Celebrating Norooz, the Persian New Year

A haft-sin (Photo by Fatane Rahimi on Unsplash)

This week, millions of people around the world, particularly in Iran, Afghanistan, Turkmenistan, and across ethnic groups in Western, Central, and South Asia, will celebrate Norooz or the Persian New Year!

The word “Norooz” translates literally to “new day” in Farsi, and the holiday marks both the beginning of spring and the start of the new year in the Solar Hijri calendar, a calendar based on earth’s movements around the sun. Norooz corresponds with and is celebrated at the exact moment of the vernal or spring equinox. It is celebrated with music, dancing, an abundance of sweets and food, and gatherings with loved ones.

Norooz has been celebrated across Asia for over 3,000 years and comes from the robust traditions and cultures of the ancient Iranian peoples. While originally a holiday associated with the ancient Zoroastrian religion that once dominated Iran, over the millennia Norooz has evolved into a largely secular holiday where people of all faiths and no faiths joyfully participate across the Iranic world.

While Norooz is a time of renewal, joy, and hope, it is also a time for reflecting on the past year, leaving negativity behind, and setting goals for the year ahead. Although the holiday is typically one marked by joy, I would be remiss not to mention the many prisoners of conscience behind prison walls in Iran who cannot gather with their families as we have all done for generations, including but in no ways limited to: Saman Yasin, Fatemeh Sepehri, Sepideh Qolian, Vahid Afkari, Toomaj Salehi, Sepideh Rashnu, and Farideh Moradkhani, who is the niece of the current Supreme Leader of the Islamic Republic of Iran, Ali Khamenei.

Norooz and the associated new year festivities typically last for about two weeks and involve various customs, such as thoroughly cleaning the home, gathering with and visiting family and friends, preparing special foods (a staple is “sabzi polo ba mahi,” an herbed rice dish served traditionally with fish), congregating with community, spending time in nature, and setting up a haft-sin, an intricate tabletop arrangement that is themed around seven symbolic items that start with the letter “S” in Farsi.

Some of the items typically included in the haft-sin are:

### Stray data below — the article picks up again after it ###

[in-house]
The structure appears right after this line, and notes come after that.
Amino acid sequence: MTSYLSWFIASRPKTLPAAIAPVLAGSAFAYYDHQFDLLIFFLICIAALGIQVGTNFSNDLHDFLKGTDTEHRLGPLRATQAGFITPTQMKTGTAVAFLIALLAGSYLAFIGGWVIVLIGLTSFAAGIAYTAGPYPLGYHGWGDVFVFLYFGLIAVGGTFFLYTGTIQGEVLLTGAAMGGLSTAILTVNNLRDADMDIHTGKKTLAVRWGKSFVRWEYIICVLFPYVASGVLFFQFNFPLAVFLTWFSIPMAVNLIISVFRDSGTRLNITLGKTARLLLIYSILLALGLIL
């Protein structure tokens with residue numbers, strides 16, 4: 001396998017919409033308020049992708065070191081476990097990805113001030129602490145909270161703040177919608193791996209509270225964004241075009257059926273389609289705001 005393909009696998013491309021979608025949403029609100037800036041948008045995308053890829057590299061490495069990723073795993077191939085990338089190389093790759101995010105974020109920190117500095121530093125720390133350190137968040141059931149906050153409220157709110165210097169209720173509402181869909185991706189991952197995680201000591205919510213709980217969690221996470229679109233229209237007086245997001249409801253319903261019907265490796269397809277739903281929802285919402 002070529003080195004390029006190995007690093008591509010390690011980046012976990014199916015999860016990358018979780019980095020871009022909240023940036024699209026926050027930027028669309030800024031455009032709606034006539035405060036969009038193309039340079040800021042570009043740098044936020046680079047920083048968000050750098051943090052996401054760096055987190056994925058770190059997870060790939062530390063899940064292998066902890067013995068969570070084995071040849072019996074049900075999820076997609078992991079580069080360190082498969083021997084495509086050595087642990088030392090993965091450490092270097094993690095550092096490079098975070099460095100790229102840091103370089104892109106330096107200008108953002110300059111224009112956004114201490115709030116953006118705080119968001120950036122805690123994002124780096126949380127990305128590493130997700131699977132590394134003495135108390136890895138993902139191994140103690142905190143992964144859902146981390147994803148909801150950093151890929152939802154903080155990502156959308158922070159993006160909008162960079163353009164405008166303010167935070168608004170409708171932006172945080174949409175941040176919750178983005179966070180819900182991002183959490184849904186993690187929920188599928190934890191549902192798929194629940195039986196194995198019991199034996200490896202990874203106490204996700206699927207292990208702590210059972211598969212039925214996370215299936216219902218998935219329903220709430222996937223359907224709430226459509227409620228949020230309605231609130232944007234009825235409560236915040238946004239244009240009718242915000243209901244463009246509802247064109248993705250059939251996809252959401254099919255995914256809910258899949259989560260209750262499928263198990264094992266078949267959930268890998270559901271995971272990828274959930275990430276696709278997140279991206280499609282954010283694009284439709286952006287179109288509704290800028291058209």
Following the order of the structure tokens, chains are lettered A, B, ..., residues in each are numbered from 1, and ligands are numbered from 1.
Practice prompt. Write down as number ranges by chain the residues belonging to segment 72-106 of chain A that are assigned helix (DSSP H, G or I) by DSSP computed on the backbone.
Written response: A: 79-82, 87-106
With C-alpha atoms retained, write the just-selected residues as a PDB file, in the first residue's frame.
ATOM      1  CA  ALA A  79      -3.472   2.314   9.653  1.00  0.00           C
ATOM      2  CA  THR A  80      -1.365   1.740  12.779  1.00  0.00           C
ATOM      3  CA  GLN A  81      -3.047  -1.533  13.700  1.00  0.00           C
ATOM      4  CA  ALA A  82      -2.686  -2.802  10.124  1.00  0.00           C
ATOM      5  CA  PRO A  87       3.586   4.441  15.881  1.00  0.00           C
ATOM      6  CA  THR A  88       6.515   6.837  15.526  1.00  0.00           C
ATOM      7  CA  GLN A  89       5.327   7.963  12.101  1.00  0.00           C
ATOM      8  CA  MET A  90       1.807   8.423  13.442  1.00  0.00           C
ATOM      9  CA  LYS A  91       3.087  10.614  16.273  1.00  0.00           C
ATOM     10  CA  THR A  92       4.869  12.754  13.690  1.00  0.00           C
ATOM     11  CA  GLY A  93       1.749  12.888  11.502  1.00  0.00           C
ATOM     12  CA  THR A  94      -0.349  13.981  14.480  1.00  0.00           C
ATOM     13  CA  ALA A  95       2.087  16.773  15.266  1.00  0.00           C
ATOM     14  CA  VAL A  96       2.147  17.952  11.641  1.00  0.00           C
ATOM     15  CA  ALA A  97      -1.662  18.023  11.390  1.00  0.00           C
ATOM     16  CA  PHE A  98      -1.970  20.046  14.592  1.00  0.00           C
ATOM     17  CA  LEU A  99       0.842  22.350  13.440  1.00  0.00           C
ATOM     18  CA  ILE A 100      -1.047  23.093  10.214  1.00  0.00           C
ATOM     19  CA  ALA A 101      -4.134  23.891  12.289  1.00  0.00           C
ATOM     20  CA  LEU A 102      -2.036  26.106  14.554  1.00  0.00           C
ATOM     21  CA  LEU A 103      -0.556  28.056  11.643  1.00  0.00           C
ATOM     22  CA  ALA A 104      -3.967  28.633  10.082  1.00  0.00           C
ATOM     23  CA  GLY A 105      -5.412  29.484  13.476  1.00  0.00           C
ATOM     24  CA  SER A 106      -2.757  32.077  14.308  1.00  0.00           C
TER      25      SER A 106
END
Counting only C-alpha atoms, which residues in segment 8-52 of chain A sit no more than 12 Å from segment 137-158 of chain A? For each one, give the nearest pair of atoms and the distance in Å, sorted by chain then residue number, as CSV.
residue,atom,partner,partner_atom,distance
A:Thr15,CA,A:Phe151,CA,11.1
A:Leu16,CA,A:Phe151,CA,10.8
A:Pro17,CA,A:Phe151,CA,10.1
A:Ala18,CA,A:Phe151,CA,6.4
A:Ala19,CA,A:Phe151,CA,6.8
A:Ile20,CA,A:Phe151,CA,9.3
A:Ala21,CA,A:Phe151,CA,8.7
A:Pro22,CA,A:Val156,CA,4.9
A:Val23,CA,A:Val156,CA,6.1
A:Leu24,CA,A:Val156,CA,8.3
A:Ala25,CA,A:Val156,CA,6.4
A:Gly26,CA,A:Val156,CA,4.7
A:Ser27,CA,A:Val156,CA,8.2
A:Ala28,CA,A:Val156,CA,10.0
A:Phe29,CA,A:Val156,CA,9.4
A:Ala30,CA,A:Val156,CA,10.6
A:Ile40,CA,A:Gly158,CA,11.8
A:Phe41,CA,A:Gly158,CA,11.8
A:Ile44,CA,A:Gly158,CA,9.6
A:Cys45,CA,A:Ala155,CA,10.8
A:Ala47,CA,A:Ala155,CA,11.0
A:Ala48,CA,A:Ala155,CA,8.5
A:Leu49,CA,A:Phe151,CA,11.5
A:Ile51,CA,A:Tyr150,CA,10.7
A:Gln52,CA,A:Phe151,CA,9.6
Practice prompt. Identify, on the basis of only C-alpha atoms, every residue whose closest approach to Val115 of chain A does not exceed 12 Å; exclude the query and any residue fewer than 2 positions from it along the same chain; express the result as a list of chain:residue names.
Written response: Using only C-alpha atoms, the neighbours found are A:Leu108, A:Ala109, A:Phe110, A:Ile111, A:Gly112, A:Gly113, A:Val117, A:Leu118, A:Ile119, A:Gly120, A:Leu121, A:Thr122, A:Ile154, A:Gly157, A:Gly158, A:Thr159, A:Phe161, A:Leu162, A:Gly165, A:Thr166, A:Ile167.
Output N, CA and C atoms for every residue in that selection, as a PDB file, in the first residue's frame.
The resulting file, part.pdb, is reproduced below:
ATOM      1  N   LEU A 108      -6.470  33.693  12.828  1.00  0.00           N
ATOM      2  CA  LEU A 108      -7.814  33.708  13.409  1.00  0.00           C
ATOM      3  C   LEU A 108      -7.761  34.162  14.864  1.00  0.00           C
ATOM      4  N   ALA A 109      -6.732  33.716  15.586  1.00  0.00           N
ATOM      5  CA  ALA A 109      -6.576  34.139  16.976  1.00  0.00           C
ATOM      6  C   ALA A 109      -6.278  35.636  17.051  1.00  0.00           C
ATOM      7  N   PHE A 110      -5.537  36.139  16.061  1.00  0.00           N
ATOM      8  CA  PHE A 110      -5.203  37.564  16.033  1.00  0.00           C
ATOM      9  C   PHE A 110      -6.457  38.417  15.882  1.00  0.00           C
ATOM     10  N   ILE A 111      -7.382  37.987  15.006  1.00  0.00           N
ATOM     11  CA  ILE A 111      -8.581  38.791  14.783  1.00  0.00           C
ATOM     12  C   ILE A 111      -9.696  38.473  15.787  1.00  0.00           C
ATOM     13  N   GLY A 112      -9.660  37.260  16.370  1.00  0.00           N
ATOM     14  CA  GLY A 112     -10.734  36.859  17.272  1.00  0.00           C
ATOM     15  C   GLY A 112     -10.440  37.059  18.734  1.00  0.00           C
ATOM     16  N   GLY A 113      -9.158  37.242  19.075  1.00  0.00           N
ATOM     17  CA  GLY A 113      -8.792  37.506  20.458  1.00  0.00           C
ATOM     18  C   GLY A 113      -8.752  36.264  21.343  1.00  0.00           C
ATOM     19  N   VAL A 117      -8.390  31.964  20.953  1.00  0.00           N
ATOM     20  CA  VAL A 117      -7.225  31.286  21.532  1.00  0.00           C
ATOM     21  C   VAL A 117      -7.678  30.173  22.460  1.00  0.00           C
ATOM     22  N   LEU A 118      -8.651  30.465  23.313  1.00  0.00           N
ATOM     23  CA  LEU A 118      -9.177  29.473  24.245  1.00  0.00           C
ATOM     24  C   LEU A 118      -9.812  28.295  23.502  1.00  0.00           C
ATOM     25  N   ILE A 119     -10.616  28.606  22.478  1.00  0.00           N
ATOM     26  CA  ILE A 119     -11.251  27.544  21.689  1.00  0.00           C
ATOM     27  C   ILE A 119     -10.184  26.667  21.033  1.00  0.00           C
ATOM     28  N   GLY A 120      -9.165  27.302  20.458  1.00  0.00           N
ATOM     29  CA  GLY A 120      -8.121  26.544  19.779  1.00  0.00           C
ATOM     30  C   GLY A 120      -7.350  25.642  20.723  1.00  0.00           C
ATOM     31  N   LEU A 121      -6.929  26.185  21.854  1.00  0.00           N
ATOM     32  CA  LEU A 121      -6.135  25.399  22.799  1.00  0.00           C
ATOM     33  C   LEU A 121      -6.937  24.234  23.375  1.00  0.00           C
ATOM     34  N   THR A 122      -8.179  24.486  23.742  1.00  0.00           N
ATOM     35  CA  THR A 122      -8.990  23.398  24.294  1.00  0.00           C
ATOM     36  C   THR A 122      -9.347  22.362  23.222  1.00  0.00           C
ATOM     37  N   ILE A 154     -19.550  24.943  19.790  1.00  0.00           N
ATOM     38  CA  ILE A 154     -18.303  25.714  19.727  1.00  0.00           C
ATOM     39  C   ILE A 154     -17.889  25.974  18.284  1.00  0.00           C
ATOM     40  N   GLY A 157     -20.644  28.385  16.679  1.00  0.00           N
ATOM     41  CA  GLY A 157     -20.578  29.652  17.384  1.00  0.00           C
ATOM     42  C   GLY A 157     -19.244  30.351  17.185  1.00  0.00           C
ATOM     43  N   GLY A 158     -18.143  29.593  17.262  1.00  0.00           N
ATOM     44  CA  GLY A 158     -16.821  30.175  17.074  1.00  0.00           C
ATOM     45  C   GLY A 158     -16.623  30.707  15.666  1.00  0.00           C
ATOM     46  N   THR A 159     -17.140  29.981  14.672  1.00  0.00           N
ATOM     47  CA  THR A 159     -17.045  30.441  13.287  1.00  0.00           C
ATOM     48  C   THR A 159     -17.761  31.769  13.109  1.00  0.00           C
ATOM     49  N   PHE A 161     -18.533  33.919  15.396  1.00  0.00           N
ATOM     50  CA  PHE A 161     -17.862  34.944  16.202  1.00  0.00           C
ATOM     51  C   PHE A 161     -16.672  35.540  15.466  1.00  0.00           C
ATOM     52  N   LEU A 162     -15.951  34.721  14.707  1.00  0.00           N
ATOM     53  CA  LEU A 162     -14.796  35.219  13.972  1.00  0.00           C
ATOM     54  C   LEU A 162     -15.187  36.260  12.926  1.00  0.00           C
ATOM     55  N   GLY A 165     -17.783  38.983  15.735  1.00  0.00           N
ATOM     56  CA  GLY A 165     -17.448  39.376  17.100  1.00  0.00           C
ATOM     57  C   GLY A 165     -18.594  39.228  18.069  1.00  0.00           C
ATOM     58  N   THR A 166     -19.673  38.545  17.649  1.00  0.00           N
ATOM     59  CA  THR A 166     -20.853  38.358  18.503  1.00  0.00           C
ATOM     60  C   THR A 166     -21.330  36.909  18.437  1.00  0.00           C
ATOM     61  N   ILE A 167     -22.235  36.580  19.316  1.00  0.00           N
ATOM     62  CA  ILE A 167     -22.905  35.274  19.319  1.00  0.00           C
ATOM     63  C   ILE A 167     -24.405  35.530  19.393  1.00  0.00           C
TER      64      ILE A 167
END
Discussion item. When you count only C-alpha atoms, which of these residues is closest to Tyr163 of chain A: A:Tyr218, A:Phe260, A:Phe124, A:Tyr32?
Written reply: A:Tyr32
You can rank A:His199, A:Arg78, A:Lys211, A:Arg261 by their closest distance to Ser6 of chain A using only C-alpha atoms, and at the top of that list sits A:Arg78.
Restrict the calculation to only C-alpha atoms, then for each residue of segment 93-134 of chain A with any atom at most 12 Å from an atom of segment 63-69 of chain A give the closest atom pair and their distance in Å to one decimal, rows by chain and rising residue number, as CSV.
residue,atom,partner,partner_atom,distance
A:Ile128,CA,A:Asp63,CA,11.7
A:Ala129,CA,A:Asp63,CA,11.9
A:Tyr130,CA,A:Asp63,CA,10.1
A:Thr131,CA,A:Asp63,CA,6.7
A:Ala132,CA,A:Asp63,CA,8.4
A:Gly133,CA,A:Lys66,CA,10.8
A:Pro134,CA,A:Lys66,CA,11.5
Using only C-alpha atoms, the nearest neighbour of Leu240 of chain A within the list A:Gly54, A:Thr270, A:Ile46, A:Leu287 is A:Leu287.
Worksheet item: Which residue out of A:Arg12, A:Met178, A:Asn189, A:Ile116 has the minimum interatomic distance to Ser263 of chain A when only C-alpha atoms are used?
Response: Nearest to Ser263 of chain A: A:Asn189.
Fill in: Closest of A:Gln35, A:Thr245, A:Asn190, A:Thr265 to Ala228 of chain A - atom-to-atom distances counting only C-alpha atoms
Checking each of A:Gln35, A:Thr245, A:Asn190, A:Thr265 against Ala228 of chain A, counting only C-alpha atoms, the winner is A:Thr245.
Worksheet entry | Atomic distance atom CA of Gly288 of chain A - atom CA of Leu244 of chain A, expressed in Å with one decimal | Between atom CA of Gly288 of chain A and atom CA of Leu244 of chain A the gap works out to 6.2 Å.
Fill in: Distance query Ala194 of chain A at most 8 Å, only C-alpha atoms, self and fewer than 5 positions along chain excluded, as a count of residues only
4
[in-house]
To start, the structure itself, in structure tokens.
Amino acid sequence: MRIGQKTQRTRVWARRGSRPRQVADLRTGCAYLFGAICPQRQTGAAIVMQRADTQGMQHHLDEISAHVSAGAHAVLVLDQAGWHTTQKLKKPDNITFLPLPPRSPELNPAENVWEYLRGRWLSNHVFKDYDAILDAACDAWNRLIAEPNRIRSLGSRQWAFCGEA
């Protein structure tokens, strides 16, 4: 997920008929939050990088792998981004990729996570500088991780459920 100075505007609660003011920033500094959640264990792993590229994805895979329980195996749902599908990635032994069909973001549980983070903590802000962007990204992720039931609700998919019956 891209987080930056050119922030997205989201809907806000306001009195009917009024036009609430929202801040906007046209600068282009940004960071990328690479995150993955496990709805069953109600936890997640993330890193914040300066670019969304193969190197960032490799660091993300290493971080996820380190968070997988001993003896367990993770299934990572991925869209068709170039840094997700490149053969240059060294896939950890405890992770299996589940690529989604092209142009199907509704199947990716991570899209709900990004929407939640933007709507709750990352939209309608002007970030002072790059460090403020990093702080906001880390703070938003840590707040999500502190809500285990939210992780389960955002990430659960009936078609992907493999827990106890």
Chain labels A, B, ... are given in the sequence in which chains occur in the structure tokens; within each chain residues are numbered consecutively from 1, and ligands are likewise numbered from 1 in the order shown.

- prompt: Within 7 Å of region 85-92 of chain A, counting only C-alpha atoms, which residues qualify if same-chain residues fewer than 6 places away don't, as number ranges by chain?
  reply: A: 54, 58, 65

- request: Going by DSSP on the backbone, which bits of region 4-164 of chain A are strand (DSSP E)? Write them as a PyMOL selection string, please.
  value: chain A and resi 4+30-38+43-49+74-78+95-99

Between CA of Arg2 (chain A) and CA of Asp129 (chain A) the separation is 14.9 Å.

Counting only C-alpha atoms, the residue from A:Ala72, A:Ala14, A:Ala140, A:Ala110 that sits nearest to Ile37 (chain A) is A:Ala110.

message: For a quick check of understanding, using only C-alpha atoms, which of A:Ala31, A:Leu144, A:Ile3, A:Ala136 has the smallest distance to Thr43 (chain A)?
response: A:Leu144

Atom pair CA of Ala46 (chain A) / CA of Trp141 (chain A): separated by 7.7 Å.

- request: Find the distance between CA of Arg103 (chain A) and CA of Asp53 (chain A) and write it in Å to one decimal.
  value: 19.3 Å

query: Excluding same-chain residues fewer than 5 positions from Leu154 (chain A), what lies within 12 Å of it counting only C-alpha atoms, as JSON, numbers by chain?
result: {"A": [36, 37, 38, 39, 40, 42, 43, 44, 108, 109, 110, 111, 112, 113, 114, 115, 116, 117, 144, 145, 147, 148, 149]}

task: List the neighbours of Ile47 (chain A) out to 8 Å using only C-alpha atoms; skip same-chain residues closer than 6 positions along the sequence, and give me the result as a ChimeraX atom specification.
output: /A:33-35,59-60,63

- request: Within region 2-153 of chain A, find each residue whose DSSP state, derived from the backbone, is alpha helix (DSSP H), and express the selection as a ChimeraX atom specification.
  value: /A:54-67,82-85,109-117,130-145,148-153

Sabzeh (lentil or wheat sprouts) – symbolizing rebirth and renewal
Sekkeh (gold coins) – symbolizing abundance and prosperity
Senjed (dried oleaster fruit) – symbolizing love
Seer (garlic) – symbolizing medicine and good health
Sib (apple) – symbolizing beauty and health
Somaq (sumac) – symbolizing the sunrise
Serkeh (vinegar) – symbolizing patience, age, and wisdom

Additionally, people who celebrate Norooz will typically place a book of wisdom at the center of their haft-sin display. Traditionally, Iranians opt to display books of poetry by beloved poets such as Hafez, Sa’adi, and Rumi, while others may choose to place a religious text or book that speaks to their political views.

Norooz celebrations typically begin with Chaharshanbe Suri (or Red Wednesday), an ancient Iranian fire festival that is celebrated on the eve of the last Wednesday of the year, and continue with the Norooz holiday. They formally end thirteen days later with Sizdeh Bedar, a community-based celebration where families come together for communal picnics, singing, and dancing within nature.

The beauty of Norooz is that it is one of the few holidays that brings unity among a diaspora and encourages new generations to want to continue in the traditions. This, in part, is because there is no overtly religious influence in the celebration which means that all people can comfortably celebrate without leaving their personal faith beliefs at the door. In a time of bitter division in our world, Norooz brings our diaspora unity and a much-needed reminder of the resilience and importance of our people, our customs, and our traditions.

May this new year bring us a fresh start, a brighter outlook, and one step closer to freedom and liberation for all.

Norooz mobarak to all who celebrate!